Cutting it for a cause

Published 10:58 pm Saturday, June 2, 2012

Man to shave full beard, long hair for cancer research

Chad Oxton’s full, scraggly, gray-and-brown beard falls down to his chest, about the same length as his lighter-brown hair.

Chad Oxton will be shaving his beard and hair for the St. Baldrick's Foundation.

But in two weeks, the only hair left on Oxton’s head will be his eyebrows. And he’s willing to shave those, too, if a childhood cancer survivor requests it.

Oxton, a street supervisor for the Suffolk Department of Public Works, is famed for his wavy locks. But he’s giving them up to help raise money to research childhood cancer.

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“For us, it’s easy,” he said. “We get to make a choice. Kids that are fighting cancer don’t have that choice.”

On June 15, all of his hair will be shaved off as part of a virtual shaving party for the St. Baldrick’s Foundation, which funds research into childhood cancer. Shaving parties are its signature fundraiser.

Oxton didn’t set out to grow his hair just to shave it off. A diehard hockey fan, he started growing his beard about three years ago as part of a hockey superstition that dictates fans and players shouldn’t shave during the playoffs.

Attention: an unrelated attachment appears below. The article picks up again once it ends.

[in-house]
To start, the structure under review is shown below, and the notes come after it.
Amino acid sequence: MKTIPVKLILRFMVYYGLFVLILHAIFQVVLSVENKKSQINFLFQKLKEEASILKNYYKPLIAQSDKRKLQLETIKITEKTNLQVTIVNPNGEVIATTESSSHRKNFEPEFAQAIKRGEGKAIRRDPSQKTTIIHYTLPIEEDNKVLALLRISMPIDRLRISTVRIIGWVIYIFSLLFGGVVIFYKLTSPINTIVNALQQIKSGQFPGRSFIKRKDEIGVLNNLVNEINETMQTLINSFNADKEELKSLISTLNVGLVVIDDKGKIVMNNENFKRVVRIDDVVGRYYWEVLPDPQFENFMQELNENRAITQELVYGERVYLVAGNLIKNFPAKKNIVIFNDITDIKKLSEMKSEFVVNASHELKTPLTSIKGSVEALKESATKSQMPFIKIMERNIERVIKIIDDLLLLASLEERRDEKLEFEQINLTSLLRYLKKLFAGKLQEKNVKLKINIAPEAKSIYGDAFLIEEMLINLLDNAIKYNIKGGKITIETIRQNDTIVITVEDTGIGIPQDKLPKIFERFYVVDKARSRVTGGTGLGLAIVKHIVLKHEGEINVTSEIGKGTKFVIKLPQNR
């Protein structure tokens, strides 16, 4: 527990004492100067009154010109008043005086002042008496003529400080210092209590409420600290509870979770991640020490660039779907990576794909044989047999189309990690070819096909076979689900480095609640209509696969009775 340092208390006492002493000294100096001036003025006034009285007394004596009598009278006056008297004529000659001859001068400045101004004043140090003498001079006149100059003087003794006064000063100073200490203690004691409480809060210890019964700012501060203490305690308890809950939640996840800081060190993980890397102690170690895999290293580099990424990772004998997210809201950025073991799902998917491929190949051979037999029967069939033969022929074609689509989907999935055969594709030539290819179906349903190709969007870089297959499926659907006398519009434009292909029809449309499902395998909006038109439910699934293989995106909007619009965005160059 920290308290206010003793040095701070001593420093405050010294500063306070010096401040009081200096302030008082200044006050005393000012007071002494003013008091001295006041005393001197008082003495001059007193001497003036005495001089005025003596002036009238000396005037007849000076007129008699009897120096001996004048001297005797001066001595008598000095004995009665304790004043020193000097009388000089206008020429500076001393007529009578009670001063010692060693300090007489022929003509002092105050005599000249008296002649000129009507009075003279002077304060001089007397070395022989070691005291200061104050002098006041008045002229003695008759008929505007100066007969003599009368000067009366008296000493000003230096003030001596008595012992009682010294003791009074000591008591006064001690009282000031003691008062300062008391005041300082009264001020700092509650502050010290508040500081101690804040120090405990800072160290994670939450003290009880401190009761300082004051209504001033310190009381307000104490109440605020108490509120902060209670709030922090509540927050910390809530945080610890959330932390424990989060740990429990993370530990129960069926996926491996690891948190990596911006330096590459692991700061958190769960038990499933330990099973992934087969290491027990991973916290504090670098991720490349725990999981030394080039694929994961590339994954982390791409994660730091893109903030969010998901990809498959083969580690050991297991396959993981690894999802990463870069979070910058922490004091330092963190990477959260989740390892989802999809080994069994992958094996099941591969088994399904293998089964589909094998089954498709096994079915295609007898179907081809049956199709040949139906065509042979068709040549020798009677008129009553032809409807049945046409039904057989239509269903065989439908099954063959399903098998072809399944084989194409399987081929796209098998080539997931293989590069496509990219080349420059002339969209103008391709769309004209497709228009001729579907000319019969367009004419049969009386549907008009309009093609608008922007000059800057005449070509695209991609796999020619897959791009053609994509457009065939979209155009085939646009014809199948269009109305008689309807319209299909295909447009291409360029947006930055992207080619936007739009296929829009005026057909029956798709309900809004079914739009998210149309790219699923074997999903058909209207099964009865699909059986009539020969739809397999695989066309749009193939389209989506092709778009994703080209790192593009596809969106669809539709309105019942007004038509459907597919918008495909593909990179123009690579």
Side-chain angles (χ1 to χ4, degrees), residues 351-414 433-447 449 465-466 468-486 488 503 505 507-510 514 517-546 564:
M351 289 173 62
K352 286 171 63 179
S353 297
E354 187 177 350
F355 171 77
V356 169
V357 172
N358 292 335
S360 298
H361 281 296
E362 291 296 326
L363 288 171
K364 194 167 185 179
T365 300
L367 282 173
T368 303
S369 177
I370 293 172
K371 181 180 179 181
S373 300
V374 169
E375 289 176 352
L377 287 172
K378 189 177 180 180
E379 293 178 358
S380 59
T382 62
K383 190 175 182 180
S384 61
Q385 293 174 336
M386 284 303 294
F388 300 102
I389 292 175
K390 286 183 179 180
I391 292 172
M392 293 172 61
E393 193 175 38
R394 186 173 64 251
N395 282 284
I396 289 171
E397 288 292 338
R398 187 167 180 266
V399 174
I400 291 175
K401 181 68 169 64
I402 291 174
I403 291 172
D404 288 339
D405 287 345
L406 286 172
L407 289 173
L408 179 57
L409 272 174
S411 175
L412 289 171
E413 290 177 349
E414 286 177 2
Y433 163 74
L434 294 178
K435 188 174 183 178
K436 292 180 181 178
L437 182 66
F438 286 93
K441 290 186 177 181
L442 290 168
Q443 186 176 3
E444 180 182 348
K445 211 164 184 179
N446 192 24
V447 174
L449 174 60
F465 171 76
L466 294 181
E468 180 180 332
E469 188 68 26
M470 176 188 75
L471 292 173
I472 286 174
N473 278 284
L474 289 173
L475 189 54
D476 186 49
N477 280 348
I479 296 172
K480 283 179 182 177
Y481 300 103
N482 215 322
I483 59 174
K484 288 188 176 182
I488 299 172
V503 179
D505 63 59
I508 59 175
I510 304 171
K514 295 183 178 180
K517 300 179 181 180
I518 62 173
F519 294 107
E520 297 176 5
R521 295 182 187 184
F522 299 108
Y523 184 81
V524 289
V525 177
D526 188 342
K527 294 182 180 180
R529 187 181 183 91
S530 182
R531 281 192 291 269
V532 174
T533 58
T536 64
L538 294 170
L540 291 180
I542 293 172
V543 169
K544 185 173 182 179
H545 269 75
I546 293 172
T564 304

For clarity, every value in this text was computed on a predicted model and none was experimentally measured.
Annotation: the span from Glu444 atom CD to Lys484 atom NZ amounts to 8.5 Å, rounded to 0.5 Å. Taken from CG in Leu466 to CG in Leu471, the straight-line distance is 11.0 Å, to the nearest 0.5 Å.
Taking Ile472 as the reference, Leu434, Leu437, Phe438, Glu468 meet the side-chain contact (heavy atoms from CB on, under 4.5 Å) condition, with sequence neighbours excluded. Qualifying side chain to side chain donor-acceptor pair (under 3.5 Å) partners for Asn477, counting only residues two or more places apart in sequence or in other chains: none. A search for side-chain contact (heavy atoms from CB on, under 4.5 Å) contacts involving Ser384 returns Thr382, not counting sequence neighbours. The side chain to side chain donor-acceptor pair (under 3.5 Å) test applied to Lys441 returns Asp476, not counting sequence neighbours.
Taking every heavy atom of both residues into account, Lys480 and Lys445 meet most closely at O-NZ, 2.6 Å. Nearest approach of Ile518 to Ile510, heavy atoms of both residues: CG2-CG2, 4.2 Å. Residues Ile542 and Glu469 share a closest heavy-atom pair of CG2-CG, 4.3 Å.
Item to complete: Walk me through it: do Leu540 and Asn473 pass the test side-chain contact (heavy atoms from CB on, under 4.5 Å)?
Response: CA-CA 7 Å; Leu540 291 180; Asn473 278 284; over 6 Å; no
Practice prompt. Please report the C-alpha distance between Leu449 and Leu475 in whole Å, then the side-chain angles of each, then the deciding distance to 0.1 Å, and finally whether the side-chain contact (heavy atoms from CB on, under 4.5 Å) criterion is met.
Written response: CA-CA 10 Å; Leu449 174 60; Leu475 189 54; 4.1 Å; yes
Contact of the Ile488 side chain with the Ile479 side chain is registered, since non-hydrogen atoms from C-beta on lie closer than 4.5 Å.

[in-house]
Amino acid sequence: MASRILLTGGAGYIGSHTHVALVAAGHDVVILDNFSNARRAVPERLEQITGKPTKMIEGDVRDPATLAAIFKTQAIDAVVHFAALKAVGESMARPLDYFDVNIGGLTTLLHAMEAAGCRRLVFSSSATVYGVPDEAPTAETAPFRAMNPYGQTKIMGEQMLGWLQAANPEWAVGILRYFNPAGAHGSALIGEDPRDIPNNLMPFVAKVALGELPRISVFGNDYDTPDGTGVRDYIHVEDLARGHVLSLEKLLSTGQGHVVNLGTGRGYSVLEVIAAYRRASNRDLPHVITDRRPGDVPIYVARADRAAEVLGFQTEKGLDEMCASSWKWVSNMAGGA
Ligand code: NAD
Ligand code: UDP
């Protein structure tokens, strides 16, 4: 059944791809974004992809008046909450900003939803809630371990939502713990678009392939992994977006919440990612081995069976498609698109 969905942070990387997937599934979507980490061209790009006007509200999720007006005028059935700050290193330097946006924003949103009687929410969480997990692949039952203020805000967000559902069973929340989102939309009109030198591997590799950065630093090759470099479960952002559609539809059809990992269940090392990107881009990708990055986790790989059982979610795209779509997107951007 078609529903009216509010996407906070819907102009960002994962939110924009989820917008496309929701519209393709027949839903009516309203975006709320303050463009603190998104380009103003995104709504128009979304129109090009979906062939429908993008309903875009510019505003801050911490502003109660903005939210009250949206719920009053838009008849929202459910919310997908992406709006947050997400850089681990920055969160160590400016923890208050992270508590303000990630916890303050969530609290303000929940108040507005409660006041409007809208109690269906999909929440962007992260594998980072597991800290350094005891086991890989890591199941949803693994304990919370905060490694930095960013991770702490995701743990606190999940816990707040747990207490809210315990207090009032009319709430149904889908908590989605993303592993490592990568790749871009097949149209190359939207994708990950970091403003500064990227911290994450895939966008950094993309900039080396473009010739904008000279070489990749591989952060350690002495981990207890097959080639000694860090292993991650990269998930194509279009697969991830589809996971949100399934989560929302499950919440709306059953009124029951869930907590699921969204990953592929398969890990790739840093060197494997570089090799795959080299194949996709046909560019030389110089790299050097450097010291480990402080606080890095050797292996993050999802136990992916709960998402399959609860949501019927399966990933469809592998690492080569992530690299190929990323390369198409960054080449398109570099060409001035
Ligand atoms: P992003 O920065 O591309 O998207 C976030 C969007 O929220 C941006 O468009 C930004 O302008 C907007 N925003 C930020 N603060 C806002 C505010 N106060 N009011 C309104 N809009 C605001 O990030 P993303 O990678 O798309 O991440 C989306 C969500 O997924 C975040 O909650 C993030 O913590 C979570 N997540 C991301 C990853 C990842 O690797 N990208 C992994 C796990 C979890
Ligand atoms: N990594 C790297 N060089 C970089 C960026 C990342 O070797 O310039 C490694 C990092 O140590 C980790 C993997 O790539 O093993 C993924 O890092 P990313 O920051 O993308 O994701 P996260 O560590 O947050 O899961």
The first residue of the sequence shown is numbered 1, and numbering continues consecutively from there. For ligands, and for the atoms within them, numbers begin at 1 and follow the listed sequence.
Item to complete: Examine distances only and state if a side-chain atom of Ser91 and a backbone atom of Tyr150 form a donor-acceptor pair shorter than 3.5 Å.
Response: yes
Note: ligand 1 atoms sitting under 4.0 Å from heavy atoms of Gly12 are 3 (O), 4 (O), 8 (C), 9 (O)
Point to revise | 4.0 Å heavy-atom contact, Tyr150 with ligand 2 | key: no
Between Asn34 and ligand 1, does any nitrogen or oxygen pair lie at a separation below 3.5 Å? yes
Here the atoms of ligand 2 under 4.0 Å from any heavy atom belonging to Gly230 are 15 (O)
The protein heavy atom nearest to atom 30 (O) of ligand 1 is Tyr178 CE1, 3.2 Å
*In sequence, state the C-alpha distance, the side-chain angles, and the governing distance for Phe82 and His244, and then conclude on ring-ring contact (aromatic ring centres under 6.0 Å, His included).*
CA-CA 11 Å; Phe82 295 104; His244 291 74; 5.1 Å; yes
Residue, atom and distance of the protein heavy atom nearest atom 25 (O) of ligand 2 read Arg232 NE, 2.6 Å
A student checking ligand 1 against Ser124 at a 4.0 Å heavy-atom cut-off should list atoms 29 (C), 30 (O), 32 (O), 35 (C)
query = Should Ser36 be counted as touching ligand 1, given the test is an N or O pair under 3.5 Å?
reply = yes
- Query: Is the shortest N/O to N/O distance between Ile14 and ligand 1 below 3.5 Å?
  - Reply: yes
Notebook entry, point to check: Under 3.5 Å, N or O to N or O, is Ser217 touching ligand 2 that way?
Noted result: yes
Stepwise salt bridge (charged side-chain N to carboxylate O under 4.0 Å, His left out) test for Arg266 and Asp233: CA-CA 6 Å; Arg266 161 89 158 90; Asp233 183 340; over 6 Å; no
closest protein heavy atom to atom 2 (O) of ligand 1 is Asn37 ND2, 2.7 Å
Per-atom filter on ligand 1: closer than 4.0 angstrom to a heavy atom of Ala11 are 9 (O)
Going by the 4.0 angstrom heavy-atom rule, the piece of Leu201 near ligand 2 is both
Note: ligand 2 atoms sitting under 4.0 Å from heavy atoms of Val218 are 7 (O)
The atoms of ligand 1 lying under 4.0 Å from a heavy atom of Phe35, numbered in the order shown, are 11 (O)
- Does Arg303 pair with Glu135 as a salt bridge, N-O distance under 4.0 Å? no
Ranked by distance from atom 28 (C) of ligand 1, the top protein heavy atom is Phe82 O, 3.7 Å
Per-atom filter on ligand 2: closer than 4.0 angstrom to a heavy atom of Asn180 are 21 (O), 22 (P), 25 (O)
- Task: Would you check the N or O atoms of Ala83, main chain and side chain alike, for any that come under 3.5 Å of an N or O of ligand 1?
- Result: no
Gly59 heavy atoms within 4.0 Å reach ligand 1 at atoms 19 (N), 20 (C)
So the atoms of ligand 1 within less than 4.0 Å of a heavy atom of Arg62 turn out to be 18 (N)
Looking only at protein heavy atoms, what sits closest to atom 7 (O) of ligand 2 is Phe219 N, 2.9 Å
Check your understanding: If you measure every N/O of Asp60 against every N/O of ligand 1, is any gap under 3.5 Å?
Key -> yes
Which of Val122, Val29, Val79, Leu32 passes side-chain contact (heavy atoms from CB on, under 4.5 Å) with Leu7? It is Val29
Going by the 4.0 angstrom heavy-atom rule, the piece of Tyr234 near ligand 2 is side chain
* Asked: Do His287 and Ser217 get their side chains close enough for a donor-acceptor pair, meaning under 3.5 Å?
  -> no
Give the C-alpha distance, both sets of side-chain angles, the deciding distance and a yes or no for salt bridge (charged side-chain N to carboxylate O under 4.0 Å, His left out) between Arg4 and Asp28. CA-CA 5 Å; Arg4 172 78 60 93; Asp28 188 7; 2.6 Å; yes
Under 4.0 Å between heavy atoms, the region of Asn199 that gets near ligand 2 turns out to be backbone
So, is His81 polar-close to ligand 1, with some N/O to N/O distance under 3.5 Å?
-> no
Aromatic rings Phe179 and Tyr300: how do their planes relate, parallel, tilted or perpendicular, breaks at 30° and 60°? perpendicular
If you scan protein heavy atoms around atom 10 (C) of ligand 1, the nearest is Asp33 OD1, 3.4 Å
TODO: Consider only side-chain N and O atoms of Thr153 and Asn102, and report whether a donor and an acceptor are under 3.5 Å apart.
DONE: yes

“I liked it, so I stopped cutting it,” he said.

Previously, Oxton had kept both his hair and beard trimmed short.

But now, the hair serves a higher purpose than just supporting his hockey team.

“It’s just to raise money and show solidarity with the children that are battling cancer,” he said.

He has set a goal of $3,000. He is currently about halfway there, he said.

“My hair doesn’t come cheap,” he said.

Oxton admits he’s a little nervous about shaving, particularly his facial hair.

“Since 1999, I’ve never been without facial hair of some kind,” he said. “I don’t know how many chins have sprouted up under there.”

He also admits he’s attached to his hair and beard as part of his identity. He thinks his wife will be shocked, he said.

But to him, it’s all worth it to help raise money for childhood cancer research. Though he doesn’t have a family history of cancer, Oxton said he feels it’s important to support the cause.

Those who wish to donate to Oxton’s virtual shaving party can visit www.stbaldricks.org and search for Chad Oxton in the box in the top right.

For more information, visit www.stbaldricks.org or email Oxton at oxton@charter.net.